Mycobacterium isn't the only kind of germ that can thrive in waterlines. Pseudomonas and legionella can, too. Both types of bacteria can cause pneumonia-like illnesses. Despite studies showing that dentists are more likely to have antibodies for legionella than the general population, very few actual illnesses have been directly linked to dentistry.

"These are organisms that are typically found in water and groundwater, things like that," says John Molinari, a microbiologist and professor emeritus at the University of Detroit Mercy School of Dentistry. "They wouldn't normally get you sick. It's when you have high concentrations in a certain person that illness happens." The elderly and people with an underlying illness are most at risk.

"With legionella, you're more likely to get sick when there's a lot of bacteria, like when you get biofilms," says Molinari.

Fighting Biofilms

A biofilm is a group of microorganisms — typically bacteria, fungi or a mixture of microbes — that live in a colony. These microbes communicate with each other and even feed and protect each other. And that can make them very hard to remove.

"Think of the plaque that grows on your teeth," says Molinari, "That plaque is a biofilm. At first you can wash it off with water, but after 24 hours you need to brush your teeth and use chemicals to remove it. Even mouthwash alone isn't enough."

The biofilms in waterlines do the same thing. The outer layers might die as cleaning chemicals rush through the pipes, but the inner layers can survive.

A paper published online Sept. 13 in the journal Pathogens and Disease looked at dental practices using industry-standard sterilization techniques. "We found fungi, bacteria, viruses, and protozoa in dental unit waterlines. In our study, decontamination procedures worked but not completely," Damien Costa, at the University of Poitiers in France and the lead investigator on the study, told Shots in an email.

Costa says there aren't any set procedures for sterilizing waterline units in France, where his research was conducted. He hopes his study will provide data that will help the government create guidelines.

In the United States, the CDC says dentists should "consult with the dental unit manufacturer for appropriate methods and equipment to maintain the recommended quality of dental water." Waterlines vary depending on the dental equipment, so a one-size-fits-all approach wouldn't be effective, a CDC spokesman told Shots.

Generally, dental offices use a combination of chemicals. Some are added continuously to the water in low concentrations, while other, stronger disinfectants are used intermittently. Filters and disinfectant cartridges can be added to the ends of lines, and the ADA recommends occasionally draining and purging the waterlines with air.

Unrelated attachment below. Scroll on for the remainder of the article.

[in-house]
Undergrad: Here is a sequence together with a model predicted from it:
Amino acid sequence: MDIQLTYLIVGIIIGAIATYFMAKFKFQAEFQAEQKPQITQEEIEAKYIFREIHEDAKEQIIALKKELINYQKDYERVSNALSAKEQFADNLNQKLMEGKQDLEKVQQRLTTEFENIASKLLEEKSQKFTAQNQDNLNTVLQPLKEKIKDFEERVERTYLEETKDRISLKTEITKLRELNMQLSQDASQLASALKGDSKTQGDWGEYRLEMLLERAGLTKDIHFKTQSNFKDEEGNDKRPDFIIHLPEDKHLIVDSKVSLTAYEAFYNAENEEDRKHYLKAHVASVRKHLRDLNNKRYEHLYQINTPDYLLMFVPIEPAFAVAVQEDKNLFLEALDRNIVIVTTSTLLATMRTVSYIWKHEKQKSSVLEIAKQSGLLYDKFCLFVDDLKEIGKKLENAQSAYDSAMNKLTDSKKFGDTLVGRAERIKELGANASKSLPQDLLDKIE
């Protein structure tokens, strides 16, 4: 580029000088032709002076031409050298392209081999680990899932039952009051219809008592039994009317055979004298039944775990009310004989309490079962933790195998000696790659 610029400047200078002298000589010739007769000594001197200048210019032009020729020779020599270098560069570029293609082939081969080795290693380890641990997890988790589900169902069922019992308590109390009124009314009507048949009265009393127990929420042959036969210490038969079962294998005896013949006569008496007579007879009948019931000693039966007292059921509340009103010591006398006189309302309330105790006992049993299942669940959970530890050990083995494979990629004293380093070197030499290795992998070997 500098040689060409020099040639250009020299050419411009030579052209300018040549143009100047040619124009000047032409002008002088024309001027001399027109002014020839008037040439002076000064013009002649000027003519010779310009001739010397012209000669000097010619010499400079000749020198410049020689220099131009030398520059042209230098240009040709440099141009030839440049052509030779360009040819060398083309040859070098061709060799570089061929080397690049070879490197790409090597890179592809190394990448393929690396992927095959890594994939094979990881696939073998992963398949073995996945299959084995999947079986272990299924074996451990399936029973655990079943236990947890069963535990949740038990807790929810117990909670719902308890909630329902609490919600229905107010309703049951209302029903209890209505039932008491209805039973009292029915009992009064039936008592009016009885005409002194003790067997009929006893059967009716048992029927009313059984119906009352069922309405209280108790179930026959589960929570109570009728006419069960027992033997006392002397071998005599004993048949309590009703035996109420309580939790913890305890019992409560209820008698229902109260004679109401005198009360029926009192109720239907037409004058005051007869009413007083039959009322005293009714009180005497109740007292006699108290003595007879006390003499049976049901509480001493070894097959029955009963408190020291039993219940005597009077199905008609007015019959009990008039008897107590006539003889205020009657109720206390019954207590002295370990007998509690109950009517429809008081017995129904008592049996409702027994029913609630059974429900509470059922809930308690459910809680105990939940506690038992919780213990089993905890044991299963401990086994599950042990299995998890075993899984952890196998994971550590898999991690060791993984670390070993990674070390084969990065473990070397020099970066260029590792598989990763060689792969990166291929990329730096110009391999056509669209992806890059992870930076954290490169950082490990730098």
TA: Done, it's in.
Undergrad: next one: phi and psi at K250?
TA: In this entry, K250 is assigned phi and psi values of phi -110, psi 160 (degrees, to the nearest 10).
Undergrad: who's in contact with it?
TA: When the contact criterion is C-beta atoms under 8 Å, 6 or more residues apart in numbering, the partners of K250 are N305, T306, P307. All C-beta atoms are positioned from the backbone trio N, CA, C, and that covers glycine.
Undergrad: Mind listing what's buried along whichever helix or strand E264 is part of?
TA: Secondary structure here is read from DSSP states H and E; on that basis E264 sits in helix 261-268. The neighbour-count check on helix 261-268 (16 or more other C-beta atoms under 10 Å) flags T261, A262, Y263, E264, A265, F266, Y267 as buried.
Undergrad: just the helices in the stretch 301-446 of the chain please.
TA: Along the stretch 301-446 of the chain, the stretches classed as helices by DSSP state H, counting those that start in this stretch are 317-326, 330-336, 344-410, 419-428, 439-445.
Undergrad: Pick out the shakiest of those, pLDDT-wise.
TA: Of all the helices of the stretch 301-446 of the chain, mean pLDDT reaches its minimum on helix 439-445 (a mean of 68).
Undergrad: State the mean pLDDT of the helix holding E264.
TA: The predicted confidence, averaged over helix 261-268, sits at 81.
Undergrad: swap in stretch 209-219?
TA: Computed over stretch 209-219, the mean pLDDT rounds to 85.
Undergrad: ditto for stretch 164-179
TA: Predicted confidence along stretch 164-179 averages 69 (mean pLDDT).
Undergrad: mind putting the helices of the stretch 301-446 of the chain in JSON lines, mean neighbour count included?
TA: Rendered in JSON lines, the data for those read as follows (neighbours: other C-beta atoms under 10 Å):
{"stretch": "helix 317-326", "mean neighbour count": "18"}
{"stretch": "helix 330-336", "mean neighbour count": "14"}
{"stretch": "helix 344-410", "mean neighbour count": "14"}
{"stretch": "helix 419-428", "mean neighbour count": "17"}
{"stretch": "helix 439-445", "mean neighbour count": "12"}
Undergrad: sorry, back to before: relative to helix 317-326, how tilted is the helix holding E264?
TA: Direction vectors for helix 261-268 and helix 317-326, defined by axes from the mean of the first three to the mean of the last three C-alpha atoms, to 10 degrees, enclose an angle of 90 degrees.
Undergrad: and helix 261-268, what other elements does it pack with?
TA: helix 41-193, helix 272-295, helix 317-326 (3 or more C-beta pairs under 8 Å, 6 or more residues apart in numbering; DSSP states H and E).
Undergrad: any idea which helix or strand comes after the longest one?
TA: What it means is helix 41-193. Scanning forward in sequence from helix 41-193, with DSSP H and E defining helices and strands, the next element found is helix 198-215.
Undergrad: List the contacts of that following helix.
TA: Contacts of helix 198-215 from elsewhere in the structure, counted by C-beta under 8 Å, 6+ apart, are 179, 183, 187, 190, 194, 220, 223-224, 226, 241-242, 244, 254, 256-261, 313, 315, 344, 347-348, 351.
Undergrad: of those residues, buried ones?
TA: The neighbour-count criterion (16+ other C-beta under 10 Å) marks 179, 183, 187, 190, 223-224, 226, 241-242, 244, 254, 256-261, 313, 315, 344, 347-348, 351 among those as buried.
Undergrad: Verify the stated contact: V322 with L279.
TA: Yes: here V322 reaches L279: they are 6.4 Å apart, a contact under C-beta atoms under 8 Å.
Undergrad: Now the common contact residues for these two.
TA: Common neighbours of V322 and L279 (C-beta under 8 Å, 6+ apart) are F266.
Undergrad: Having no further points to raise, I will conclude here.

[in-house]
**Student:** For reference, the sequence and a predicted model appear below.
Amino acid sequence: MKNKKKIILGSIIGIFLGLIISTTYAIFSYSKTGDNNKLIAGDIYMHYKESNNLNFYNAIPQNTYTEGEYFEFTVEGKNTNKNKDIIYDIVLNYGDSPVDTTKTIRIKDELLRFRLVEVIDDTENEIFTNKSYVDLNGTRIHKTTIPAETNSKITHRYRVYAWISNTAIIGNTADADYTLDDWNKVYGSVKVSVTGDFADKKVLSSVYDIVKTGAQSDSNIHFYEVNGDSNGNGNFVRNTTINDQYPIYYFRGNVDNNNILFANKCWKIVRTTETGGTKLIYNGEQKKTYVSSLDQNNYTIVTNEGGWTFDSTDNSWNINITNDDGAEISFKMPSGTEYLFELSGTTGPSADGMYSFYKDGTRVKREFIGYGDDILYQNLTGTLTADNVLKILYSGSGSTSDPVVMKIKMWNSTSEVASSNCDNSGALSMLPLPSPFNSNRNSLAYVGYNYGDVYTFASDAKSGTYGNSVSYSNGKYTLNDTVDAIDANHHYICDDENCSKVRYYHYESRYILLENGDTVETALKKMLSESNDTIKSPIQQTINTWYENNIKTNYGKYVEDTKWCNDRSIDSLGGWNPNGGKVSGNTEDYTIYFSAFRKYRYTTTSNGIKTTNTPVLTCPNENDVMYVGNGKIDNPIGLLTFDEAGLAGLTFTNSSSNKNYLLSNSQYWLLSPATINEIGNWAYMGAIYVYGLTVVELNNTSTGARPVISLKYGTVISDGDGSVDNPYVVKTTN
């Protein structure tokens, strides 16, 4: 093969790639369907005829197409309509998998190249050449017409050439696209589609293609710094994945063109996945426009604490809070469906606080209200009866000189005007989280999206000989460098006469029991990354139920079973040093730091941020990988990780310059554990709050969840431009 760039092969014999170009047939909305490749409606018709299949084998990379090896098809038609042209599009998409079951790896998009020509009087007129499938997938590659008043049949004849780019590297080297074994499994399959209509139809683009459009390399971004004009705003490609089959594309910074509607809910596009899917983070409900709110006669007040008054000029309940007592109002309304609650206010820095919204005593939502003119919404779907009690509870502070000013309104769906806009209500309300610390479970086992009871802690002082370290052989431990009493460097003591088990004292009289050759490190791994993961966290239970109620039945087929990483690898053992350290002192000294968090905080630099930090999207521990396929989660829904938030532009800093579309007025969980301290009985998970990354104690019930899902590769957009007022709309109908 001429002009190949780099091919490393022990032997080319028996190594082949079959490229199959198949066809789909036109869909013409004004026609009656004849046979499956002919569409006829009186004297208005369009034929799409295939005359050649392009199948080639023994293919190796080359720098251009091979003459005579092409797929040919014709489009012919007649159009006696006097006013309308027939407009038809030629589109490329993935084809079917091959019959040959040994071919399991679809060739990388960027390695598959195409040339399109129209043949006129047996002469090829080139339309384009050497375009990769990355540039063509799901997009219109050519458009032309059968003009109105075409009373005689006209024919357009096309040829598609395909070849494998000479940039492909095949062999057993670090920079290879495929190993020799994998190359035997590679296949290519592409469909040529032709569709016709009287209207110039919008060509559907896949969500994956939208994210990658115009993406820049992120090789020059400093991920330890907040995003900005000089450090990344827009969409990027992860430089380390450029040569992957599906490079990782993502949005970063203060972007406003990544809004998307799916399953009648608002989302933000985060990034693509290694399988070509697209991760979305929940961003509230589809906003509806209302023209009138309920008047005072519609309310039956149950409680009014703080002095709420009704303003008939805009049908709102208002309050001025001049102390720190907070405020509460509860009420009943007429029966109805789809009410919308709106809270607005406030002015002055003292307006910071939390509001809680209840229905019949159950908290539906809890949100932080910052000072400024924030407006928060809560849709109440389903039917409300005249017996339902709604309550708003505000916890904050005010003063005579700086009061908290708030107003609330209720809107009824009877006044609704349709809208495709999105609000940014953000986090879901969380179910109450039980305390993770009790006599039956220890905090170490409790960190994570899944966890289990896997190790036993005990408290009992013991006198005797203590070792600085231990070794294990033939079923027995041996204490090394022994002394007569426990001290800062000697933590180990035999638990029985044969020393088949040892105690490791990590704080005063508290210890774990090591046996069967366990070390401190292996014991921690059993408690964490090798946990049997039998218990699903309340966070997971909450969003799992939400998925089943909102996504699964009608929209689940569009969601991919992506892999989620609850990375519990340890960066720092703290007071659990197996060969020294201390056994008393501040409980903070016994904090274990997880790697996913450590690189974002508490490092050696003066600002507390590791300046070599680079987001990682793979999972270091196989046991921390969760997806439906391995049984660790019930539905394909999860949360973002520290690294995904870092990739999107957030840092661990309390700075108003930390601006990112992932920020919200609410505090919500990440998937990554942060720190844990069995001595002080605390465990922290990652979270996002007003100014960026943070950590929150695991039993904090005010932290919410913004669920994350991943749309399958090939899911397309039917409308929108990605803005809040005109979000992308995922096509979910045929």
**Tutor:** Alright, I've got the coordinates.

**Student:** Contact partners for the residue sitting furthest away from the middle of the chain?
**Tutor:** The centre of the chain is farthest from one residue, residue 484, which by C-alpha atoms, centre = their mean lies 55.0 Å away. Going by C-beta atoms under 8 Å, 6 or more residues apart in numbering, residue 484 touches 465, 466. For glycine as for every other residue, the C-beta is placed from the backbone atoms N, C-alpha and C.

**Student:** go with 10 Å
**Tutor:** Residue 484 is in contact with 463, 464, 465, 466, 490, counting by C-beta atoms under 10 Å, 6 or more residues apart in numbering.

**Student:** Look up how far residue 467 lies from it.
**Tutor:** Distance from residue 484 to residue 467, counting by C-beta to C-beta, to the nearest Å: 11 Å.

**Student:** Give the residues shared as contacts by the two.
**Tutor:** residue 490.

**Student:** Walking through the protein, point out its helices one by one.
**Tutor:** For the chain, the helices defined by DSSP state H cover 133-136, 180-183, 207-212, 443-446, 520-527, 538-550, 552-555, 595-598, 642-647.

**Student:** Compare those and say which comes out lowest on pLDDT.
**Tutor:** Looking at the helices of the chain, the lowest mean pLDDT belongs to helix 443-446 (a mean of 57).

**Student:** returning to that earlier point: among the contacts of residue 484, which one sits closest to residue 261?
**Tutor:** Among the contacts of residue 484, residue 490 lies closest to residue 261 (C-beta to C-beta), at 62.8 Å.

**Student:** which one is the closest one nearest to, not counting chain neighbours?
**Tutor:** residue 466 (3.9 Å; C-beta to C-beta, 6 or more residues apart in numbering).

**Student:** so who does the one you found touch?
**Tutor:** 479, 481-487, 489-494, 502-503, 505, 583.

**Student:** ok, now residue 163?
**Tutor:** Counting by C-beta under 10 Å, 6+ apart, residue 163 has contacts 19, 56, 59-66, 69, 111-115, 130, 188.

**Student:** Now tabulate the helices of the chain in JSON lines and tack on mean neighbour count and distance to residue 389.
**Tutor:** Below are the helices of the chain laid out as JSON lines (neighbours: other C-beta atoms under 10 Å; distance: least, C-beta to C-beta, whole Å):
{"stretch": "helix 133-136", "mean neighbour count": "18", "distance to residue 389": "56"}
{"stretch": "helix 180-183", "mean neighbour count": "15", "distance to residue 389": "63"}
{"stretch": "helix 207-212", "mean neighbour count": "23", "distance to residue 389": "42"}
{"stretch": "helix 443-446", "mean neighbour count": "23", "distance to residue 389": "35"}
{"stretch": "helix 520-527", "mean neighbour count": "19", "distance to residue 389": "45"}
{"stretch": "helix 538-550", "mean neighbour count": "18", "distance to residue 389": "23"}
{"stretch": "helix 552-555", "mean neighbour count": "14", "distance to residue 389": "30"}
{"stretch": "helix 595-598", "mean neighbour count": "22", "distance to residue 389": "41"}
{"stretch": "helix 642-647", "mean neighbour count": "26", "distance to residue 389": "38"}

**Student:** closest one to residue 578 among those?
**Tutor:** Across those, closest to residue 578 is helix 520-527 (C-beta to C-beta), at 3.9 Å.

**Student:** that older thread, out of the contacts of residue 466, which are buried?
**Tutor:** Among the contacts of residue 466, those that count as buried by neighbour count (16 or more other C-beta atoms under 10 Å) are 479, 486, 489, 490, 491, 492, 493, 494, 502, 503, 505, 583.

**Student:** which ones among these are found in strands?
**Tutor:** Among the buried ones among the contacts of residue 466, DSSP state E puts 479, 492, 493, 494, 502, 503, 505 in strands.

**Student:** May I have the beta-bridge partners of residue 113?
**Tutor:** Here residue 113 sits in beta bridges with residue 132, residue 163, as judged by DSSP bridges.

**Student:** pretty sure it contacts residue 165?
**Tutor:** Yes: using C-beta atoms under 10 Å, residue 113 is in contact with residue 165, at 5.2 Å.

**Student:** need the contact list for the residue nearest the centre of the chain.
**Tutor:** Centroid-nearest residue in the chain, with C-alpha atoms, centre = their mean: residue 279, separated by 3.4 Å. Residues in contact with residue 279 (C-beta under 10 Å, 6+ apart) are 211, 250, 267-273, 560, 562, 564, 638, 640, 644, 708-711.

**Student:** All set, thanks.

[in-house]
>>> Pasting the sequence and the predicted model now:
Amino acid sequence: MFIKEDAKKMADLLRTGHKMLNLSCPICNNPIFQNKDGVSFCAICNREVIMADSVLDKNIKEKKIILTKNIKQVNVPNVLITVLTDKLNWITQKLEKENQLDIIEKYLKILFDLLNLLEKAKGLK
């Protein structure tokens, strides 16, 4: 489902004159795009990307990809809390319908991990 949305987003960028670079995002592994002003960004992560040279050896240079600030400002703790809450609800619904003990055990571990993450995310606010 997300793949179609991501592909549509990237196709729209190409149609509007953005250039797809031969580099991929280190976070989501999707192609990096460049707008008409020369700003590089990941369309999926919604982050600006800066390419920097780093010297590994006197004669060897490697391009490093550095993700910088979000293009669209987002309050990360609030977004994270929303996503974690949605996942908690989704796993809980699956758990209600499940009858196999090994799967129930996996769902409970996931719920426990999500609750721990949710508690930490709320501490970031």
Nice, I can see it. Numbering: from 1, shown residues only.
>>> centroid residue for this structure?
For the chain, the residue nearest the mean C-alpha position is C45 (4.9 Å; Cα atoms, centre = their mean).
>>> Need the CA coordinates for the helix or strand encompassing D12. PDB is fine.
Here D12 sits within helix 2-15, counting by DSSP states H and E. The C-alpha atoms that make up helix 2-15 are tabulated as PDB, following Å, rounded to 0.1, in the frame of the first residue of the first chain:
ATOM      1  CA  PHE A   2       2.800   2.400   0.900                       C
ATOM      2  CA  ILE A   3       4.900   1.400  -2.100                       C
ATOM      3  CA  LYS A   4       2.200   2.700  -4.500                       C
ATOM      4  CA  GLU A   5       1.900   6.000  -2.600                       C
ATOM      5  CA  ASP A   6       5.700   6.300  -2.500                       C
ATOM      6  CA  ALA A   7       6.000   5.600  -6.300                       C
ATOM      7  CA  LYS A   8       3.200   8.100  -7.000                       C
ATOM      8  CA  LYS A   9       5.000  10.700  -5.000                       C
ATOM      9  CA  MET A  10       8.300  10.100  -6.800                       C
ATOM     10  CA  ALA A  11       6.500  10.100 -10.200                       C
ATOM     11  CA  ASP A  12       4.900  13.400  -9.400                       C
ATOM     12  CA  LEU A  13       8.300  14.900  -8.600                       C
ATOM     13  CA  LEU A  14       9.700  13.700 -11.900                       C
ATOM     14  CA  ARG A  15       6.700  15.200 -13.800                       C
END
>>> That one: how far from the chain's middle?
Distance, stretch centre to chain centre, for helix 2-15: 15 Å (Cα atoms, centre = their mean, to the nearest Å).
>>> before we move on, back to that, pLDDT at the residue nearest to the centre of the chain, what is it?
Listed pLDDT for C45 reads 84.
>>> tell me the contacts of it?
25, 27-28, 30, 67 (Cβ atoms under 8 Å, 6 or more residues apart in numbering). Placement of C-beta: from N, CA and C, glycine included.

Dentists should be able to tell if the bacteria-killing maintenance for their equipment is working. Porteous says chairside kits that check for bacteria are available. Dentists can also send water samples to testing companies to make sure bacterial counts fall within CDC guidelines.

The CDC says that the water dentists use should meet the same quality standards as drinking water. But the CDC and the American Dental Association don't say how often dentists should test their water.

"Without water testing, it's impossible to tell if your treatment works," says Mark Frampton, owner of ProEdge Dental Products, a manufacturer of disinfectants for dental lines. Frampton's company also analyzes water quality for dentists. "In our experience, about a third of the time people that have maintenance programs will still fail our tests because they don't always follow the treatment instructions. People don't always do everything perfectly."

Frampton recommends that dentists check their water quality at least quarterly, or more often depending on the treatment product they use.

University of Texas Health Science Center's Porteous recommends dentists check the water coming out of dental lines at least weekly. "I would hope that all dentists take note of these cases that have been occurring recently in Georgia and under investigation in LA," she says. "It's very sad, and I hope that it makes all dental institutions sit up and take note."

Back in California, the dental clinic linked to the mycobacterium infections isn't taking any chances. It will replace its entire water system.